the days are nouns

Rovinj, Croatia
Daily by Naomi Shihab Nye

These shriveled seeds we plant,
corn kernel, dried bean,
poke into loosened soil,
cover over with measured fingertips
 
These T-shirts we fold into
perfect white squares
 
These tortillas we slice and fry to crisp strips
This rich egg scrambled in a gray clay bowl
 
This bed whose covers I straighten
smoothing edges till blue quilt fits brown blanket
and nothing hangs out
 
This envelope I address
so the name balances like a cloud
in the center of sky
 
This page I type and retype
This table I dust till the scarred wood shines
This bundle of clothes I wash and hang and wash again
like flags we share, a country so close
no one needs to name it
 
The days are nouns: touch them
The hands are churches that worship the world
 

I first came across this poem over at Karl Duffy’s Mindfulbalance blog. I found it to be a lovely reminder of the peace that’s possible amidst my day-to-day activities, and how, in a way, we are all connected through the act of taking care, of living.

because you have lived

Hosta blossom

What is success?
by Ralph Waldo Emerson

To win the respect of intelligent people
and the affection of children;
To earn the appreciation of honest critics
and endure the betrayal of false friends;
To appreciate beauty;
To find the best in others;
To leave the world a bit better, whether by
a healthy child, a garden patch
or a redeemed social condition;
To know even one life has breathed
easier because you have lived;
This is to have succeeded.

What is success? How do we define success? Oh, the many ways I’ve defined it over the decades of my life!

Since retiring, I’ve been more curious than ever about what it means. What makes a successful day? a successful life? I’ve noticed my tendency to define myself by my accomplishments, by the actions I take, the tangible outcomes I achieve. I’ve reflected on how this achievement orientation started as I child, called to contribute to the family and our community in meaningful ways, how it strengthened as I was invited to learn and show my understanding through school lessons, and how it continued to morph when I become a worker in the productivity machine of the corporate workplace.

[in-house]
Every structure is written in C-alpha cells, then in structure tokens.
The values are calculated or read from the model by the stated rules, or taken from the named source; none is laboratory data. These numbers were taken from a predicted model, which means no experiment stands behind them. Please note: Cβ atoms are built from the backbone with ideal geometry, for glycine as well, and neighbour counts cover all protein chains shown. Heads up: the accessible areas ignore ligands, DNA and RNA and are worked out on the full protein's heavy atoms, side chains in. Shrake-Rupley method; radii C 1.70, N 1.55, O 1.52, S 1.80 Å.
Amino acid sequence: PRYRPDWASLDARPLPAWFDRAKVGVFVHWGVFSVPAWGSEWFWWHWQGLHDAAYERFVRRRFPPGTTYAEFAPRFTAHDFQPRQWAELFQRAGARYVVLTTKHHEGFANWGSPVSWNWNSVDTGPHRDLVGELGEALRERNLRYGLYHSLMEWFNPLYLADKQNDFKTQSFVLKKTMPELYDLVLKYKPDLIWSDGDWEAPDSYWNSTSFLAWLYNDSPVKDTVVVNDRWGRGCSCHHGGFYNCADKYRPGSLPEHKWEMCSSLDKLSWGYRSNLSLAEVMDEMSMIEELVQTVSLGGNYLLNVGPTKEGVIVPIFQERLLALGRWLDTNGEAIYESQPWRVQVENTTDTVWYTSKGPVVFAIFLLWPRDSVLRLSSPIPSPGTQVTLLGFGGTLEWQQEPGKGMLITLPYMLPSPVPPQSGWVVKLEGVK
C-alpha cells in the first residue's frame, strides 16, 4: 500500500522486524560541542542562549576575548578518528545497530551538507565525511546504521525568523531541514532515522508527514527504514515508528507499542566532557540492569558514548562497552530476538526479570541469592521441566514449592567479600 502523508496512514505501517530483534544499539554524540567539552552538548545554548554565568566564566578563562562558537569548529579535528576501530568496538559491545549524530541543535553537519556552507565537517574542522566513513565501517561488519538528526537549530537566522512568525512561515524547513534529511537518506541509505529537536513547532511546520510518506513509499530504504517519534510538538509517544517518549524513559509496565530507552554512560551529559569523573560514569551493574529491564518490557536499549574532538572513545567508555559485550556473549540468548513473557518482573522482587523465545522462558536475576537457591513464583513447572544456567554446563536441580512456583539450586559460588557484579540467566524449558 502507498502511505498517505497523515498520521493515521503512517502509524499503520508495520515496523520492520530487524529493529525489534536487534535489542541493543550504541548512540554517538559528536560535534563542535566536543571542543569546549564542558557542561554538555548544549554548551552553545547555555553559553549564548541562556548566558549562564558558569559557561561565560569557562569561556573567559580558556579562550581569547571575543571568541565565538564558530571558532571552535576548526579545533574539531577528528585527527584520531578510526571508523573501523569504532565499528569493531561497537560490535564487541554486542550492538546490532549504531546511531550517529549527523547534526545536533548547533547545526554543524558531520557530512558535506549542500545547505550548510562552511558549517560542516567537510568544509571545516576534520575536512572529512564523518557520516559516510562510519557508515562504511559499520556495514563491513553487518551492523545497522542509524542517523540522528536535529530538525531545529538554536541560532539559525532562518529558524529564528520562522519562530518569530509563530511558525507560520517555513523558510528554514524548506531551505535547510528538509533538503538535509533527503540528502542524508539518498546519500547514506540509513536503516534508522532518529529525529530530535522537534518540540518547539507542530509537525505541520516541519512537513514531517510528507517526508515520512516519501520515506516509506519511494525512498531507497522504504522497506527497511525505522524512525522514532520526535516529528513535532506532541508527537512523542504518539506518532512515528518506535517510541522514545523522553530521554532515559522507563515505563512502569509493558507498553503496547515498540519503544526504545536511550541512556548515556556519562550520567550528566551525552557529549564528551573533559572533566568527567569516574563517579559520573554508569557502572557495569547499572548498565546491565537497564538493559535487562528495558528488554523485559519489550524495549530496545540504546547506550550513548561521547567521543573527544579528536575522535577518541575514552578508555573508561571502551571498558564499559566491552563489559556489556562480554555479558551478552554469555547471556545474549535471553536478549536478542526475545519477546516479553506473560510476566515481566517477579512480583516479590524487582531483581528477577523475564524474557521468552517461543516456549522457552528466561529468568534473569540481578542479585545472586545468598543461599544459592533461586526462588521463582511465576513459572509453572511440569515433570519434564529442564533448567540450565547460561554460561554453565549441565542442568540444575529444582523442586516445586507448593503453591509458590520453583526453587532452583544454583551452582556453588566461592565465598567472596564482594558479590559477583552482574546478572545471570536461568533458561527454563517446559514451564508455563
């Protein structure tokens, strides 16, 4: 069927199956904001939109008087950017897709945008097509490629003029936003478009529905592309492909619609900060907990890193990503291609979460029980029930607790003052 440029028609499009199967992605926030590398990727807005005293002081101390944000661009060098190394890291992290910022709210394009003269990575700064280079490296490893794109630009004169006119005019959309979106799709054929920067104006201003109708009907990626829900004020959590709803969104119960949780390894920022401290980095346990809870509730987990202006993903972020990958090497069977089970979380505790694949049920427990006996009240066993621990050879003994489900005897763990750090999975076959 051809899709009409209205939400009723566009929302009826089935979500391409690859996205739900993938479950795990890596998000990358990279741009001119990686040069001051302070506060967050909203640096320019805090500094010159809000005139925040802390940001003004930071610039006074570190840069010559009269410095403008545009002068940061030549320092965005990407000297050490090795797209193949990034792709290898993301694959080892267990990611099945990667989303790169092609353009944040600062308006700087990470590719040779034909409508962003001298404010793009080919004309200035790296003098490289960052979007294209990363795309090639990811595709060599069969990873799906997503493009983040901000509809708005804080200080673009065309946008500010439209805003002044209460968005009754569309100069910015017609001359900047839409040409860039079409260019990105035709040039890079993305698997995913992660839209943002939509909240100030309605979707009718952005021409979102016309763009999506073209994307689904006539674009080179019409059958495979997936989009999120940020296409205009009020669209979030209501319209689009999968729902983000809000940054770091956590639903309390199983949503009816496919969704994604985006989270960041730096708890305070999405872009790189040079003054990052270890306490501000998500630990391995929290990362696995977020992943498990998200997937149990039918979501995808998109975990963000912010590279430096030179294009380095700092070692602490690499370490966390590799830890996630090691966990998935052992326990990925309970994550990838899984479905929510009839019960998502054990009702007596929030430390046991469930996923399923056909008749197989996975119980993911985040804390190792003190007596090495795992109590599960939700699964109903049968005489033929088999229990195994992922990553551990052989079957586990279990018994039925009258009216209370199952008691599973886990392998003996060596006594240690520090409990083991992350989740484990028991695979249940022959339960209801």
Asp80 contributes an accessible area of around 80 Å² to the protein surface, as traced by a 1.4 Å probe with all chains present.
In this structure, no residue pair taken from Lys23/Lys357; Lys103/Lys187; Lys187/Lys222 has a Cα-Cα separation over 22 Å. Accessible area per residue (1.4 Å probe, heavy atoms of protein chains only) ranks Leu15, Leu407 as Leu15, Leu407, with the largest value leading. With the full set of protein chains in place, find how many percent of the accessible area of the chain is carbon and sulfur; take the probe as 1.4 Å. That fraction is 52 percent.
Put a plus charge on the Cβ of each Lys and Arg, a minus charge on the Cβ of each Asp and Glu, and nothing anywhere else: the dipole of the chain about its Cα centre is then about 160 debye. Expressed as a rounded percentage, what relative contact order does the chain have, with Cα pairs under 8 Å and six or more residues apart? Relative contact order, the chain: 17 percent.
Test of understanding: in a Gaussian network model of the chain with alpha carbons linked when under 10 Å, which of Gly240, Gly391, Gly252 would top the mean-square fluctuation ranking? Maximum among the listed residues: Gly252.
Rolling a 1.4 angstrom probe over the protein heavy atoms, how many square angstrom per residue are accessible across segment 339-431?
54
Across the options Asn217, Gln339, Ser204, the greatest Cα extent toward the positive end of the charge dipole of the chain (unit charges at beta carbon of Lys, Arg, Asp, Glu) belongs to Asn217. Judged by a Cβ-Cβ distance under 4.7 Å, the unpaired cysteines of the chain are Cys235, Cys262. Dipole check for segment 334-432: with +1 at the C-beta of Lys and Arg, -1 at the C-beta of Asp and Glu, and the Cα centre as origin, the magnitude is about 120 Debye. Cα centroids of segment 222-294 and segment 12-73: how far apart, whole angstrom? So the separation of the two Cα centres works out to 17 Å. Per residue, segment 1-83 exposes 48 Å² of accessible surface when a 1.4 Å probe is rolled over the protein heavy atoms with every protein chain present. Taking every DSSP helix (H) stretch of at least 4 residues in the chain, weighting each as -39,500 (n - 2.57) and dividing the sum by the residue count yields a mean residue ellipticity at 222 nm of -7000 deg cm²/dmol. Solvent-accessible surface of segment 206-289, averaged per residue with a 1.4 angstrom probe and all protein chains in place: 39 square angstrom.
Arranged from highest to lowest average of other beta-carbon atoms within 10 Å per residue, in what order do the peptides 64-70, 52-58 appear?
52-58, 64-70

Now, though, I feel Emerson’s invitation to open to something so much simpler, something holding such power and possibility: to know even one life has breathed easier because you have lived. That would be success.

Be Excessively Gentle with Yourself

Columbine leaf with morning rain

A Blessing for One Who is Exhausted by John O’Donahue

When the rhythm of the heart becomes hectic,
Time takes on the strain until it breaks;
Then all the unattended stress falls in
On the mind like an endless, increasing weight,

The light in the mind becomes dim.
Things you could take in your stride before
Now become laborsome events of will.

Weariness invades your spirit.
Gravity begins falling inside you,
Dragging down every bone.

The tide you never valued has gone out.
And you are marooned on unsure ground.
Something within you has closed down;
And you cannot push yourself back to life.

You have been forced to enter empty time.
The desire that drove you has relinquished.
There is nothing else to do now but rest
And patiently learn to receive the self
You have forsaken for the race of days.

At first your thinking will darken
And sadness take over like listless weather.
The flow of unwept tears will frighten you.

You have traveled too fast over false ground;
Now your soul has come to take you back.

Take refuge in your senses, open up
To all the small miracles you rushed through.

Become inclined to watch the way of rain
When it falls slow and free.

Imitate the habit of twilight,
Taking time to open the well of color
That fostered the brightness of day.

Draw alongside the silence of stone
Until its calmness can claim you.
Be excessively gentle with yourself.

Stay clear of those vexed in spirit.
Learn to linger around someone of ease
Who feels they have all the time in the world.

Gradually, you will return to yourself,
Having learned a new respect for your heart
And the joy that dwells far within slow time.

I saw a familiar quality in Mr. O’Donahue’s poem: moving from darkness to light. A shift that happens somewhere along the way. So often when I feel inspired to write, it’s a journey of growth, moving from a place of challenge to a place of release, a place of confusion to clarity, a place of discontent to contentment, a place of resistance to openness. Can you see where the movement begins? Ah, slow, free, calm, gentle, ease, joy…yes.